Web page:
Ghanbar insists, however on climbing up there himself. The neighbors, while outwardly the very model of legendary Iranian hospitality, are secretly a little suspicious of visitors to their little border town and, explains Ghanbar apologetically, they might think Panahi is spying on them. And indeed they do: Panahi listens back to an accidental hot-mic recording Ghanbar made while filming a local wedding ritual and hears the villagers speculating wildly about what he’s up to. Eavesdroppers hear no good of themselves, but Panahi, preoccupied with his movie, is more gently amused than worried. While he waits for updates, he wanders the village, snapping photographs of local kids and learning about some of the seemingly quaint but actually chokingly patriarchal local customs from Ghanbar’s mother (Narjes Delaram) while she cooks him platters of food in a sunken clay oven.

But two incidents change the mood. First, Reza takes Panahi on an illicit visit through smuggler territory to a hilltop overlooking their shooting location, and when Reza mentions that they’re actually standing on the invisible border, Panahi stumbles back as though the ground were suddenly lava. And second, on their way home in the dark, a distressed young woman, Gozal (Darya Alei), looms up out of the night. She begs for Panahi’s help in suppressing a photograph she believes he’s taken of her and Solduz (Amir Davari), the young man she loves despite being betrothed to surly local hothead Jacob (Javad Siyahi). If he shows the picture to anyone, she insists, “There will be blood.”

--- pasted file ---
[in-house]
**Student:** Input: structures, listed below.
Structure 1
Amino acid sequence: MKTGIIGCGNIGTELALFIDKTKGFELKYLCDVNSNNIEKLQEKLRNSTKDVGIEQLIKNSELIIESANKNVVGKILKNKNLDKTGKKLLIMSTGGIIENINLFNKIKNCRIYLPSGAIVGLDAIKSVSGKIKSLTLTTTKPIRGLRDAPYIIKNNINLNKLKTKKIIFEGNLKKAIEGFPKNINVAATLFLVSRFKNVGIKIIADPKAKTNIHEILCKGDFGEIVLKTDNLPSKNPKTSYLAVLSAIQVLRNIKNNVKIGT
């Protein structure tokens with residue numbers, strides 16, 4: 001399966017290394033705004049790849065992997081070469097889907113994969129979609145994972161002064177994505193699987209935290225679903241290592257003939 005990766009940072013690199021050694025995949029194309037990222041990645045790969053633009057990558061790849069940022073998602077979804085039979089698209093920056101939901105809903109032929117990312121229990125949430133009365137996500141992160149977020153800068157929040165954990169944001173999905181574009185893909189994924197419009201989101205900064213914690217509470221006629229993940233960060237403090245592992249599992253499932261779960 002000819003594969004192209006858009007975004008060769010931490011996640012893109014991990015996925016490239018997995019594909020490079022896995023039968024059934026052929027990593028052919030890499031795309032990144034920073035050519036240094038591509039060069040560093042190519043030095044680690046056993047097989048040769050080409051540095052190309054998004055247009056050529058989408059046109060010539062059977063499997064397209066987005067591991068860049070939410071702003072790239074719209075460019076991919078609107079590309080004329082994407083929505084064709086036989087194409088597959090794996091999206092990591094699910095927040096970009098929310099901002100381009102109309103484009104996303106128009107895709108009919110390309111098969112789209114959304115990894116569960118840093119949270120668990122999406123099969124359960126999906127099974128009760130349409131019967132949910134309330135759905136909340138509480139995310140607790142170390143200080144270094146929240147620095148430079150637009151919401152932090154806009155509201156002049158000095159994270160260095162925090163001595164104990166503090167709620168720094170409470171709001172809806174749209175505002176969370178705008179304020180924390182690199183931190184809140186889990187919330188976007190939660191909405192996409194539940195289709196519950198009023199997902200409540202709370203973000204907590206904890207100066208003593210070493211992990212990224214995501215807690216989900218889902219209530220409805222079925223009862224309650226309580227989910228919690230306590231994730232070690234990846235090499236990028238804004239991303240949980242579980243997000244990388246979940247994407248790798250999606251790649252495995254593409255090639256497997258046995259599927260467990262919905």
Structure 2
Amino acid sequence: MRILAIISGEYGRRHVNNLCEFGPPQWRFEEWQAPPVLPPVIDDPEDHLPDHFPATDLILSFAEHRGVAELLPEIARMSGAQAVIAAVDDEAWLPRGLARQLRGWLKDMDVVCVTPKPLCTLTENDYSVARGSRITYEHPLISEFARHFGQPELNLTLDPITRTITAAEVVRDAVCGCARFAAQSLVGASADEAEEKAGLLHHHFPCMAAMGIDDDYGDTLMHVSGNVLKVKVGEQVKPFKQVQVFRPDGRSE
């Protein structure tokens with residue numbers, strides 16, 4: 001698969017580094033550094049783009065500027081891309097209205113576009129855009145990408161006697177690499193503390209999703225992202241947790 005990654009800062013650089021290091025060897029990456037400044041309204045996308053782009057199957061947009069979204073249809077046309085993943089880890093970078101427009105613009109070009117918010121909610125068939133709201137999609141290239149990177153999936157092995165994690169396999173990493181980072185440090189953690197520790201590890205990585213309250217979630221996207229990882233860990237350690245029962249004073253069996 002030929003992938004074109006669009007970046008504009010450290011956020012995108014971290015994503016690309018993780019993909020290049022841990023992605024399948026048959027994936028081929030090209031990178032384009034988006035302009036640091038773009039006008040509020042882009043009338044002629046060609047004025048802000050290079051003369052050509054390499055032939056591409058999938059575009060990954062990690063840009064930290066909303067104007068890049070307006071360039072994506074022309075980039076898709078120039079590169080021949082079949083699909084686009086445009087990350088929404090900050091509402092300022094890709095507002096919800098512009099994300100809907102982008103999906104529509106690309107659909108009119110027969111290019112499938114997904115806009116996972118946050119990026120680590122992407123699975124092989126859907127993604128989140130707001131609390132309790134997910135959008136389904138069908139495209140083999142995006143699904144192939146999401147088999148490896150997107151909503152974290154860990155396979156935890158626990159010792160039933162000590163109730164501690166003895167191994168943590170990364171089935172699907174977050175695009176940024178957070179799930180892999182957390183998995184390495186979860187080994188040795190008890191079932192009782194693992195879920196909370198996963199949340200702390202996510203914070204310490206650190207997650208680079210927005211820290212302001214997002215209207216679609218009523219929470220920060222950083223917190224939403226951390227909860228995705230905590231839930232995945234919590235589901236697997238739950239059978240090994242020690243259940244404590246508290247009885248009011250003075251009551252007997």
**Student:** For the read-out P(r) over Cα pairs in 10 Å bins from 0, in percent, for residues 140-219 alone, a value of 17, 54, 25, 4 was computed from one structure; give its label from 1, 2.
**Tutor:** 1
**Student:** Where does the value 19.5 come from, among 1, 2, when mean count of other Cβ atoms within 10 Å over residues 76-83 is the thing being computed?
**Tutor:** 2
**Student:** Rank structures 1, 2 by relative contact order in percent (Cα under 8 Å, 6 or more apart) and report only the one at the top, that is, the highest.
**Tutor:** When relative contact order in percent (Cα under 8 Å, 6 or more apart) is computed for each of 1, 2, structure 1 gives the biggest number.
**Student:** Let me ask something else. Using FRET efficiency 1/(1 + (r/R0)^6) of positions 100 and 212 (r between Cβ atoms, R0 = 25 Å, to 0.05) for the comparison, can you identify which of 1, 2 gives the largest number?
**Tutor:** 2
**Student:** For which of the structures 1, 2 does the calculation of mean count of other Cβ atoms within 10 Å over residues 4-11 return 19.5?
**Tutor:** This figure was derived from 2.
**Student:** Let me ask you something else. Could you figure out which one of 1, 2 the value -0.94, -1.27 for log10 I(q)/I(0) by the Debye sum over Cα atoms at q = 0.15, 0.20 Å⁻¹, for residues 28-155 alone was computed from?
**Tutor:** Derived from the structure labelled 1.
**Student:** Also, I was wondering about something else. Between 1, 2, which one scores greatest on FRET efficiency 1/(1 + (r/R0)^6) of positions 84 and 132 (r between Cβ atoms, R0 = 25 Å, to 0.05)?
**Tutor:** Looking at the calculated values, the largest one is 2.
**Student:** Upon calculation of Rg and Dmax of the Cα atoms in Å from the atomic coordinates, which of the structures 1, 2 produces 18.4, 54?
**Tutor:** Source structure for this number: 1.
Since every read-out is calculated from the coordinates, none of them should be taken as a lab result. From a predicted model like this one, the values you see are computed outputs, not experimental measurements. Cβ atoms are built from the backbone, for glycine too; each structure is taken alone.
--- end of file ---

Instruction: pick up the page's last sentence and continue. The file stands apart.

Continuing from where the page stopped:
Panahi maintains he never took such a photo, but the entire village, including its sheriff ( Naser Hashemi) soon becomes involved in the widening scandal, while on set, too, things begin to fall apart. The movie he’s shooting is supposedly based on the real circumstances of Zara and Bakhtiar’s bid for escape, but when they’re filming the final scene, which has been manipulated in order to bring about the desired hopeful denouement, Zara breaks down. “We’re in this mess so you can create your happy ending,” she says, pulling the wig from her hair and addressing the camera, Panahi, and us directly. “But this is all fake.”

Her ultimate fate suggests Panahi agrees with her disillusionment, and with the escalating tensions in the village also illustrating the inherent peril of filmmaking — a kind of Observer Effect whereby simply the presence of a camera fundamentally alters the reality its meant to record — it’s hard not to read her accusations as Panahi accusing himself. When, inadvertently or deliberately, and often with the best of intentions, we fudge the difficult, untidy truths of life in order to satisfy our own storytelling desires, what is the cost to the people whose stories are misrepresented?

Reteaming with DP Amin Jafari — who shot his last film, “3 Faces,” as well as his son Panah Panahi’s fantastic debut “Hit the Road” — Panahi again manages to deliver moments of rich visual interest within a necessarily off-the-cuff aesthetic. And his own onscreen presence is as wryly avuncular as ever, lending increased weight to the frustration and self-directed anger that flashes from him as the separate but echoing strands of the film both move inexorably toward tragedy. There are no bears in “No Bears,” where the ursine threat, a little like a national border or an archaic, repressive tradition, is a fiction designed to keep inhabitants from straying too far from the village alone. But it doesn’t matter if such dangers and demarcations physically exist. If the fear and hostility they engender is real, they can be just as lethal.